Peter E. Kurtze
Lorraine Park Cemetery Gate House
5608, Dogwood Road, Gwynn Oak, Baltimore County
The Lorraine Park Cemetery Gatehouse is a Queen Anne style stone and frame building designed by Baltimore architect Henry Brauns and constructed in 1884 near Woodlawn in Baltimore County, Maryland. The house faces south, and is irregular in plan and massing: roughly L-shaped, it stands 1 ½ stories above a raised basement. The lower levels of the house are constructed of roughly squared granite block. The upper levels are frame, with a variety of decorative treatments including fishscale shingles, expressed framing, curved brackets, and molded and sawn details. The main block is covered by a slate-clad hipped roof, whose ridge runs east-west. The eastern half of the façade is dominated by a two-story, gable-roofed projection. On the western half of the façade, an extension of the roof slope forms a porch over the entrance. A three-story tower rises from the intersection of the main block and the projecting gable. The third level is an open belfry, with chamfered square posts and curved brackets supporting its bell-cast roof. A one-bay-wide, one-story wing extends from the west side of the main block. The interior of the Gatehouse is quite plain. The most salient decorative elements are the marbleized slate mantel in the front room, and the stair which features a heavy turned newel, turned balusters, and scrolled step ends. Adjacent to the house on the southwest are the ornate cast and wrought iron Lorraine Cemetery gates. Southeast of the house stands a small singled outbuilding used as a garage. Both of these resources are contemporaneous with the Gatehouse and contribute to the significance of the site.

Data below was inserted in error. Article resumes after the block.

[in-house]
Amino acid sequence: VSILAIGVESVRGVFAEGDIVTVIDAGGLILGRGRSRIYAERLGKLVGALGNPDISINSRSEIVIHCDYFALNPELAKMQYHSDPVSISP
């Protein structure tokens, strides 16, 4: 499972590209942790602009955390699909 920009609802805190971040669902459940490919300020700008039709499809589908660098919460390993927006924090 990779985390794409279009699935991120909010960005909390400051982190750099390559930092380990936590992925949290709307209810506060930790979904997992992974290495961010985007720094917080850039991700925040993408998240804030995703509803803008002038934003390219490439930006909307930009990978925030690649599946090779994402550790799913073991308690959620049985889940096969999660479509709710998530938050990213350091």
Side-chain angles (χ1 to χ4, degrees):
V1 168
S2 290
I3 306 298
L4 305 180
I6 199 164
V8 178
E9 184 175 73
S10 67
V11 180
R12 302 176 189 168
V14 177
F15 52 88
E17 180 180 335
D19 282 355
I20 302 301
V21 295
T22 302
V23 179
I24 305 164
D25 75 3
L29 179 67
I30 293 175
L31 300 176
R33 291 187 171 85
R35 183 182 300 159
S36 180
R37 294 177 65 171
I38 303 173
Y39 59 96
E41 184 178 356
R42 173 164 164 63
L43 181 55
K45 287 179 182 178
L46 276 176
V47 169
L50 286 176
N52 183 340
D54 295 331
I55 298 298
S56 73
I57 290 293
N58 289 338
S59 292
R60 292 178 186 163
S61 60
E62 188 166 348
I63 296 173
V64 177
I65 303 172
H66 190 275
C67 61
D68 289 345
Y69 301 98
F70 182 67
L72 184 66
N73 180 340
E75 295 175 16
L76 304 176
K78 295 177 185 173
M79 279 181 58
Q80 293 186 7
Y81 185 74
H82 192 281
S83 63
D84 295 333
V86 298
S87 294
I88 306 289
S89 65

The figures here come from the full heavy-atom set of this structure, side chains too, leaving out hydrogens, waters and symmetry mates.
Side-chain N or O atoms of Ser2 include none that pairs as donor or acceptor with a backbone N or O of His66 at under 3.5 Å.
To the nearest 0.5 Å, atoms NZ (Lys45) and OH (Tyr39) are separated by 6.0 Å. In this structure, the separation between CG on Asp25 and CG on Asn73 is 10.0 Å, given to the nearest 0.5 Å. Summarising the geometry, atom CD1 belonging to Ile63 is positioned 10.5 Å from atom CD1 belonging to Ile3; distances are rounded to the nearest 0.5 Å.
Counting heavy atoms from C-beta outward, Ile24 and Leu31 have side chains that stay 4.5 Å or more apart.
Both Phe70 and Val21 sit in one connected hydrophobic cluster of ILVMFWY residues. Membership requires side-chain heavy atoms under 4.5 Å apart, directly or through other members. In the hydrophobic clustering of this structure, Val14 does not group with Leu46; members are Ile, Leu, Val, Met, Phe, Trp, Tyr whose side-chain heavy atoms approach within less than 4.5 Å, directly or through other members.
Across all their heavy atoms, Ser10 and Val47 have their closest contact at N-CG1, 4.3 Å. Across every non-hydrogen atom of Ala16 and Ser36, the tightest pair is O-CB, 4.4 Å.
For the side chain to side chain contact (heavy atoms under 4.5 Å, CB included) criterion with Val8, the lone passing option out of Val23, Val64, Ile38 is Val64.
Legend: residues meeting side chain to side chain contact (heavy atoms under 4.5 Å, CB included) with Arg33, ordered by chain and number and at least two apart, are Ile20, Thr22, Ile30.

The Lorraine Park Cemetery Gatehouse is significant for its architecture. Designed by Baltimore architect Henry Brauns, the building embodies the picturesque eclecticism characteristic of the late 19th century suburban architecture, combining a variety of materials, forms, and details. Its combination of stone and frame construction, irregular massing, multiple gable forms, and elaborate Stick-style detailing make it one of the most expressive Queen Anne buildings in Baltimore County. The architectural significance of the Gatehouse is enhanced by its excellent state of preservation; the building has been carefully maintained and remains essentially unaltered.